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KUIPORNG 08-16-2006 12:27 PM

tiring wires to cold supply lines, is this ok?
In some part of the wiring project on my basement. I saw the A/C guy tie the wire along the cold water supply line although they do clamp it to the ceiling joists as well in some other part..., therefore, I also do the same for a small part of my wiring, my question is, is it code compliance to tie wires onto cold supply line. I personally do not see anything wrong scientificly, but would like some advice from the expert, don't want the inspector to tell me that and have them revisit, as they charge per visit... expensively...

jwhite 08-16-2006 01:52 PM

Which wire was the A/C guy straping to the cold water pipe. Or was it the condensing line to the AC?

The 24 volt wires that the AC guy uses for control are under different rules from the 120/240 volt wires in the rest of your house.

Let us know more about what is going on.

KUIPORNG 08-16-2006 01:57 PM

It is the 120/240 thick wire, red in color... definitely not the 24 volt wires you are talking about.

jwhite 08-16-2006 02:43 PM

I would say that what he did was wrong. Your local inspector my let him get away with it. If I were you I would not follow his cue and do it that way. Let him get busted, but dont be the one to get busted yourself.

Electrical wiring is supposed to be supported from structural members. Studs and joists etc.

Why is the AC guy running the 120/240 for this. Does he have an applince installers licence, or is he breaking the law? Only qualified licenced people are allowed to wire into an electrical panel. What are the local laws that allow this guy to do this work?

KUIPORNG 08-16-2006 02:51 PM

Thanks jwhite for your information... I would probably remove the plastic band he used to clamping the wire onto the supply line. then add some metal clamps onto the joists for it... and do the same for those I did.. to avoid busted by the inspector...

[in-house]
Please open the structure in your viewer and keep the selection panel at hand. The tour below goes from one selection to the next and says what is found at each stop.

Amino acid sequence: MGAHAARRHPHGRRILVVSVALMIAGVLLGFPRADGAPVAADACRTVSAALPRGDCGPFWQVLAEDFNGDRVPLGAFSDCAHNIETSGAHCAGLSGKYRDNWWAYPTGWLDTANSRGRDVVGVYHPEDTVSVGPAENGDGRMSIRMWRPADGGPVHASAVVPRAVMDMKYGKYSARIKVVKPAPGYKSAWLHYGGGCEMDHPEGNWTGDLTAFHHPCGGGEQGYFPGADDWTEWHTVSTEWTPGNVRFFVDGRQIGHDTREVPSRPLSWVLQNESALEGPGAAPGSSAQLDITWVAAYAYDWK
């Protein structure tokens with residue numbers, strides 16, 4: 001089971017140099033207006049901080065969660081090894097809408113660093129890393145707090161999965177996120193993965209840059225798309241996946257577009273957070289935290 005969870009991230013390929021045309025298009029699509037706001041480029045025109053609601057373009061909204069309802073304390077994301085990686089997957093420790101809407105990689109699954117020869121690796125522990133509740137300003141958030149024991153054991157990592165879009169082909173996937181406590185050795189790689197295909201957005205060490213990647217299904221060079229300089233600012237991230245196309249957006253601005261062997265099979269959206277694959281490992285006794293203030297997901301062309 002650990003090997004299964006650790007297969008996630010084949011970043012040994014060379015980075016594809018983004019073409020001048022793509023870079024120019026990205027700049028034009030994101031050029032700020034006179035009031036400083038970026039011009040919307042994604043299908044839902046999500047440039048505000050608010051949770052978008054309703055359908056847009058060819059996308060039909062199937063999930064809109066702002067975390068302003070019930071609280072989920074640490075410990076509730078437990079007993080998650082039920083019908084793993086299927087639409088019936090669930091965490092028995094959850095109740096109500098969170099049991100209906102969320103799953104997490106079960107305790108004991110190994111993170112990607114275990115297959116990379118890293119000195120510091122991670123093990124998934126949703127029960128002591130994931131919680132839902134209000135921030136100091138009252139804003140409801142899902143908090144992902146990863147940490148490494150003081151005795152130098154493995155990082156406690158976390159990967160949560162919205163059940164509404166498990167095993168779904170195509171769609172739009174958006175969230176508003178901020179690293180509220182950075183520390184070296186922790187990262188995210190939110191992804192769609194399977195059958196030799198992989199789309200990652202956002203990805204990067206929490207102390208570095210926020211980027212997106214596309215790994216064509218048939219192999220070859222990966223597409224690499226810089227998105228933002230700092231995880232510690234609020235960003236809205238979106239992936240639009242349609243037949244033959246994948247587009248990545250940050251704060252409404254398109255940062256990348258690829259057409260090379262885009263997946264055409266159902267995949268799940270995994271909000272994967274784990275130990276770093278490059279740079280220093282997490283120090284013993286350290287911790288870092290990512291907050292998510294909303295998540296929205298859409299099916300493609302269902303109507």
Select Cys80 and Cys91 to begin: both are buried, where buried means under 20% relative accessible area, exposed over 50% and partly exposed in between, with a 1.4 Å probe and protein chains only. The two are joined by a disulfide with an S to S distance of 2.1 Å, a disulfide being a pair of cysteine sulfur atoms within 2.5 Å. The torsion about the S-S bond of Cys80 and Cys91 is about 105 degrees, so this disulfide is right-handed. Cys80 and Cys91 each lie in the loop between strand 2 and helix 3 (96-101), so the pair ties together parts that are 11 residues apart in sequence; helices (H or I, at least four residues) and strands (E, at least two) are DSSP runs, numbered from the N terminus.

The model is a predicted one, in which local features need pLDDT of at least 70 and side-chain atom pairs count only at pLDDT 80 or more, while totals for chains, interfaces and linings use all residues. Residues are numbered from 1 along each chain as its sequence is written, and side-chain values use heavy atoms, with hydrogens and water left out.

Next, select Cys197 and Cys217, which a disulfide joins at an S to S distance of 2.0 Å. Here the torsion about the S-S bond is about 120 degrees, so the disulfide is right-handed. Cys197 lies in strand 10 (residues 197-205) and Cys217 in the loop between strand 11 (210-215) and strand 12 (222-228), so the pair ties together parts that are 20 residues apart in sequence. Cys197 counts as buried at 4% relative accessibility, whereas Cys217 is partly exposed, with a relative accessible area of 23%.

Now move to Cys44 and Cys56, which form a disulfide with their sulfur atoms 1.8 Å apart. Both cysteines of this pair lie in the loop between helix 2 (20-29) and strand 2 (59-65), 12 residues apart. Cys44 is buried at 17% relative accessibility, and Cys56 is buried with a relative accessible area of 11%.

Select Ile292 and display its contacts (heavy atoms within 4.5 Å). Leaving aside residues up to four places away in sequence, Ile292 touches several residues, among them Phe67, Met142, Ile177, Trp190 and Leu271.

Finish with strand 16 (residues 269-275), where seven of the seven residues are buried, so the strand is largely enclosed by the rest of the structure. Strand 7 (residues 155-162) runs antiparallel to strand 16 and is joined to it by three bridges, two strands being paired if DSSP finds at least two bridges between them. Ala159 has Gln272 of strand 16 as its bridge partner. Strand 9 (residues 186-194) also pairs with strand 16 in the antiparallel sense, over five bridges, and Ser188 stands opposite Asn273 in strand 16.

Here in Ontario, Canada, anyone can do the wiring to the panel... the law said it has to be inspected... well.. when I installed the A/C two years ago when I bought the house... didn't think of that and didn't even know the procedure as I was at work while the A/C guy installing the A/C.... anyhow, I think the inspector, if smart enough, will charge me additional inspection fee for that and hopefully, nothing needed to be fix/change except for those plastic bands clamping we are talking about here...

thanks anyway...

I kind of don't know if I should really spend a few hundred dollars for this inspection hassle I am getting into.... anyhow... many people choose not to ... and I kind of choose the other way when I threw my dart...

J187 08-16-2006 08:55 PM

Back before grounding rods were installed, common practice was to ground to the main water pipe. I would guess its still within code, but I'll wait for a pro to chime in.

jwhite 08-17-2006 03:58 AM

Ground rods are suplemental. The main water pipe ground is still required.

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